REVIEW SUMMARY: An enjoyable story but it lacked the characters’ motives.
BRIEF SYNOPSIS: Young Kaer and her extended family go through rigorous training in order to emigrate to the parallel Earth-like world of Linnea.
PROS: Clear writing style; interesting world building emphasizing culture and religion.
CONS: No clear motive for the family enduring this two-year-long hardship.
BOTTOM LINE: Good story, well written, I’d like to read the sequel and hope it fleshes out some motives.
Child of Earth by David Gerrold is the first in his Sea of Grass Trilogy. It follows the story of young Kaer, a 10-year old girl who is part of an extended family created by contract. The family decides to emigrate to Linnea, a parallel Earth-like world characterized by huge horses, dangerous giant wolves (“kacks”) and a strict religious culture devoted to the Mother-Goddess. Linnea is one of many worlds that are accessible via gateways. Before Kaer and her family can emigrate, they must undergo rigorous training under a massive dome that simulates the Linnean environment in every respect including the wildlife. The Linnea dome is home to some indigenous Linnean creatures like horses that are bigger than elephants and wolves (called “kacks”) that are as large as men. The training session is cut short, though, when an emergency arises on the real Linnea that tests the family’s resolve.
Gerrold has done an excellent job at depicting the Earth-like world of Linnea by emphasizing its history, culture and religion. It turns out that population of Linnea are descendents of early exploration teams. A time-slip in the gate connection has stranded them and a new culture has formed that has long forgotten the old Earth ways. (Interesting was the intentional time-slips in the gates to other worlds as a means of “quick” terraforming. Cool!) Linnea’s lighter gravity means that the plant and animal life tend to be a bit larger than their Earthly counterparts. Special attention is given to religious themes through the Mother-Goddess and how the Linneans worship her. In order to collect information for any potential expansion or resource mining, the Dome Authority sends families to gather information as they are deemed safer than lone agents. However, the families must learn the strict customs of that world. On Linnea, anyone found to be strange is considered to be a maiz-likka, or an evil demon who is then subject to torture and death.
The book reads a bit like a first-person diary of a training class. Through Kaer’s eyes we see not only the harsh environment of the Linnean dome, but also the impact it has on the extended family. “Extended family” here means people who are contractually bound together to be a family and not necessarily blood relations. Kaer’s family members lacked identities of their own, though. They seemed to blur together. It was more like “mother-figure A, father-figure B, uncle-figure C, etc. That was not a huge negative – this is Kaer’s story, after all.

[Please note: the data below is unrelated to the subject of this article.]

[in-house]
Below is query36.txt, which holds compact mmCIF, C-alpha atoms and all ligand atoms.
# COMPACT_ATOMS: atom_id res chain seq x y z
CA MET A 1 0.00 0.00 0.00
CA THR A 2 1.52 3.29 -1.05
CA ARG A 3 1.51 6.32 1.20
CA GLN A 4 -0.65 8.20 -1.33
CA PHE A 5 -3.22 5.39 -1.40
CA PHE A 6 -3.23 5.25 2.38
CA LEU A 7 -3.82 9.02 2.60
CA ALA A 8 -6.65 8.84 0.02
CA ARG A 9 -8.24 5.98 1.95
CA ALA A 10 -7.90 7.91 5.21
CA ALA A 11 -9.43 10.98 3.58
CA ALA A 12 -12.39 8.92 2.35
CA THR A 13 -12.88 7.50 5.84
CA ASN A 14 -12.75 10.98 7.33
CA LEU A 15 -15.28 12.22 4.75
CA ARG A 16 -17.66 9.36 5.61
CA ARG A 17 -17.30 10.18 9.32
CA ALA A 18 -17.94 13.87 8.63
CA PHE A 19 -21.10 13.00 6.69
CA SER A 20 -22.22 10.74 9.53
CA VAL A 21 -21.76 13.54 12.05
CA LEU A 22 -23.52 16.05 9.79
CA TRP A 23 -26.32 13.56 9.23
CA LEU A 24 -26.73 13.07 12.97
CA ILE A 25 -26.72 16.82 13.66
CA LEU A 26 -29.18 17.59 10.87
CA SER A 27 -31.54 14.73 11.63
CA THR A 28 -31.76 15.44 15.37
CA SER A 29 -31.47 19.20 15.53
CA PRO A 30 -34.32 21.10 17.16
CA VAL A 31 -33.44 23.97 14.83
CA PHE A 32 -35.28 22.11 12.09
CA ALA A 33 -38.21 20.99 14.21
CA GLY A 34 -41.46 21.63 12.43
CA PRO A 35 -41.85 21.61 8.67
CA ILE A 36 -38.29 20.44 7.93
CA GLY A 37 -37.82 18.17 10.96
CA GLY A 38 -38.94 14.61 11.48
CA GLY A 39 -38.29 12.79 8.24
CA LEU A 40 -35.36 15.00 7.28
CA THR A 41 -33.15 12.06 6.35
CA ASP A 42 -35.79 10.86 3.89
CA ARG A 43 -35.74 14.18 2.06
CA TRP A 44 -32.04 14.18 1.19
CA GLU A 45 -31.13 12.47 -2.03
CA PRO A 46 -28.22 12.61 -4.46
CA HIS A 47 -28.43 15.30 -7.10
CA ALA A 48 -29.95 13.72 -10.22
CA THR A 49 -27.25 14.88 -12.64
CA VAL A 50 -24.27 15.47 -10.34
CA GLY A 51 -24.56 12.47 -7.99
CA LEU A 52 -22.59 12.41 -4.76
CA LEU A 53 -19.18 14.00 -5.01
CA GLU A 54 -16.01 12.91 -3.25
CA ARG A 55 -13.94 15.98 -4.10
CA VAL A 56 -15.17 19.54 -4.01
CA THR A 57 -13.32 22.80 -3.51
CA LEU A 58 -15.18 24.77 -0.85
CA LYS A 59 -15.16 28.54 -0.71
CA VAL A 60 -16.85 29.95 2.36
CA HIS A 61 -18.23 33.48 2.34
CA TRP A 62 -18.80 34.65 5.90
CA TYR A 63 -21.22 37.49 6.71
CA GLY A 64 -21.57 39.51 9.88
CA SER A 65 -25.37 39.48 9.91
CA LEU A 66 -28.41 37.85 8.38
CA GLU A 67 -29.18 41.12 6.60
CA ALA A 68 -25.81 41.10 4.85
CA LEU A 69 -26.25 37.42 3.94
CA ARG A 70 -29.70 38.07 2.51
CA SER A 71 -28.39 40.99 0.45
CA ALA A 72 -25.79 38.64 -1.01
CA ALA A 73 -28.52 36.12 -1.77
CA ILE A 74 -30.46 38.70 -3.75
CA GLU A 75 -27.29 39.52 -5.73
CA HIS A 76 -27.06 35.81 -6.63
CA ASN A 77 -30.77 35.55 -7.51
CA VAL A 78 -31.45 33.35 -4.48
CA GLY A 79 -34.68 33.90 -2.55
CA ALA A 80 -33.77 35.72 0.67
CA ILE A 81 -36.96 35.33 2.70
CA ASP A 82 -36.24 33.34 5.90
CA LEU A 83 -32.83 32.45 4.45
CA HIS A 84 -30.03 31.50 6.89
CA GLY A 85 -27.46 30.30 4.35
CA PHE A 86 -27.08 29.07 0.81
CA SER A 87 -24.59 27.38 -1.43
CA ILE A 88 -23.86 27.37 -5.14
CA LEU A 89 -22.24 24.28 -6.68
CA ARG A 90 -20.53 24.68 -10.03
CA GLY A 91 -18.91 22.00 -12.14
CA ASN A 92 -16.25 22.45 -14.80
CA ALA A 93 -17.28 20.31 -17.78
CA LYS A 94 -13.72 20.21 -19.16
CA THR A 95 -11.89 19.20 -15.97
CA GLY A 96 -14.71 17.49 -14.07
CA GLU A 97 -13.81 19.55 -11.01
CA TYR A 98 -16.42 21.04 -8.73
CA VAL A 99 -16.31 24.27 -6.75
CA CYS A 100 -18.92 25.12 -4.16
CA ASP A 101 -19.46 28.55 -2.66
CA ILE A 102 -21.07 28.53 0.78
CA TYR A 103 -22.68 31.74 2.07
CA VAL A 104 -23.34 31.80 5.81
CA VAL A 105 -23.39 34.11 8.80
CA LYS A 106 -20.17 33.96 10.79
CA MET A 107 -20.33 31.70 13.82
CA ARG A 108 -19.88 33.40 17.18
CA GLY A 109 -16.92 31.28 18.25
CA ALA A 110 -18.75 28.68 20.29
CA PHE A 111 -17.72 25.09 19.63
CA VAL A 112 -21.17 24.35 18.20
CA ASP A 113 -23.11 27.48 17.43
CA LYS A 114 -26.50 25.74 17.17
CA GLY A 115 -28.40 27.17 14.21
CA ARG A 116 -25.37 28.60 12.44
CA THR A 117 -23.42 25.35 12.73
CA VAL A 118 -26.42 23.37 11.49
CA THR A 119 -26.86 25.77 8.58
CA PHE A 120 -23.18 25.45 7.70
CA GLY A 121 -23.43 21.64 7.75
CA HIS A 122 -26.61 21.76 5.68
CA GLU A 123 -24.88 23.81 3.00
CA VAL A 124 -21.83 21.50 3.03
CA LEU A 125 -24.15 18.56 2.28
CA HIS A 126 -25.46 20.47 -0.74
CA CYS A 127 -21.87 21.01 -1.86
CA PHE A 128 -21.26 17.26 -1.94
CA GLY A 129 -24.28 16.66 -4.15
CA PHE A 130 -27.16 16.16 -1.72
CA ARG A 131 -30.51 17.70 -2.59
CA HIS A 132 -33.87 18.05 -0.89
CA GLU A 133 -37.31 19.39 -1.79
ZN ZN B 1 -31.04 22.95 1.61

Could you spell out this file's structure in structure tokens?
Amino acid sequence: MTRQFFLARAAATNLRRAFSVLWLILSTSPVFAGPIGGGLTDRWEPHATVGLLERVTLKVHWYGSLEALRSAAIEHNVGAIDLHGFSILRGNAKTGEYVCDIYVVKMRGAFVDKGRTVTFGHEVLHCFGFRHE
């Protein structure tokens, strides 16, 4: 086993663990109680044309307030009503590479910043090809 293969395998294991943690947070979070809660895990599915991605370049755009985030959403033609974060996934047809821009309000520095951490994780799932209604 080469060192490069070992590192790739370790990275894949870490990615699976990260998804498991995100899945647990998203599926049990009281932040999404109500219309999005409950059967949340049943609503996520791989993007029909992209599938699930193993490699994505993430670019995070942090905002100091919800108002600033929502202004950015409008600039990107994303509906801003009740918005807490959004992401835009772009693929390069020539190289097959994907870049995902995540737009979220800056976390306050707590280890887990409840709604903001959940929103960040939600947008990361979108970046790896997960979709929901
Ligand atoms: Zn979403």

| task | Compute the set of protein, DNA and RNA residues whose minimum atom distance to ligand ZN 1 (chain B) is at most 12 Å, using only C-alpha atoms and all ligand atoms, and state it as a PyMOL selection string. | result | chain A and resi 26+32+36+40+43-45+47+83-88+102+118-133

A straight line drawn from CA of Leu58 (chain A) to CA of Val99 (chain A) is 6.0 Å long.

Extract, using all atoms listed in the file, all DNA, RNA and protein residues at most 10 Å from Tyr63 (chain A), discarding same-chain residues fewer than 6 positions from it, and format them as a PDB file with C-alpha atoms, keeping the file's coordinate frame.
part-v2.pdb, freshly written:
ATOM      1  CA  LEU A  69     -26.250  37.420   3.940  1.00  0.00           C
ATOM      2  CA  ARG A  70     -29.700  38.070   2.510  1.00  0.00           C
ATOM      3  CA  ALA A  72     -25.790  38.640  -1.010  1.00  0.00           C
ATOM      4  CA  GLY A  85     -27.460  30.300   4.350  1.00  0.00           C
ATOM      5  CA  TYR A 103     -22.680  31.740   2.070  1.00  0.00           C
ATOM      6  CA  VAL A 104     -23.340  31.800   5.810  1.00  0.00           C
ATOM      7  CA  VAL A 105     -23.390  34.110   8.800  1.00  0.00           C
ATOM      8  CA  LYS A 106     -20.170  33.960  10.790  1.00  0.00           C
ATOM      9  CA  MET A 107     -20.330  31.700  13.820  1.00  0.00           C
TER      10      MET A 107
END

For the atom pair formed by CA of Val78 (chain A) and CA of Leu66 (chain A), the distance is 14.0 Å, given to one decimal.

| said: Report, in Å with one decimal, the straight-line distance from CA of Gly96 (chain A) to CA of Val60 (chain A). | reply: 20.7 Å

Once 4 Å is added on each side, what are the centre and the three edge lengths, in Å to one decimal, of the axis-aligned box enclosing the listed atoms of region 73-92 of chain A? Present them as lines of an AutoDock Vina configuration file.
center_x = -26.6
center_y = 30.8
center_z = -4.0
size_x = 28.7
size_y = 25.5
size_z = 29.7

Themes of perseverance are strongly displayed as the family meets with one obstacle after another. They get demerit points for using Earth ways and language and are monitored every step of the way. They have to fight for survival, face wild kacks, resolve family dissention and resist temptation from other families in training. The religious Kelly family, for example, has more than a few problems accepting the Mother-Goddess over Christianity. Such maiz-likka ways endanger agents who are already dispatched to Linnea.
Throughout the book, the one glaring omission that I could not seem to reconcile was the motive for the family wanting to emigrate. Sure, Kaer says she wants to see the big horses, and others are interested in exploring, but is that any reason to undergo such a harsh life? The two year long training alone is brutal at times and at one point during the long simulated winter, the family is on the verge of pneumonia. The real thing is bound to be worse. Am I to believe that this huge set of responsible adults are moving their family back to a veritable time of the “Salem Witch trials” to appease the desires of a 10-year-old? Is it patriotic duty? I just didn’t get a feel for the reason the family wanted to emigrate. Things just didn’t seem that bad off for them initially. What was the reason the stuck it out?
The family doesn’t actually reach the planet in this installment of the trilogy; this is just the training. The ending was reminiscent of the ending of Back to the Future where all seems OK, but then an emergency, and a satisfyingly dramatic one at that, hastens emigration plans. It was enough to make me want to read the next installment, even if I’m not sure why they want to go there in the first place.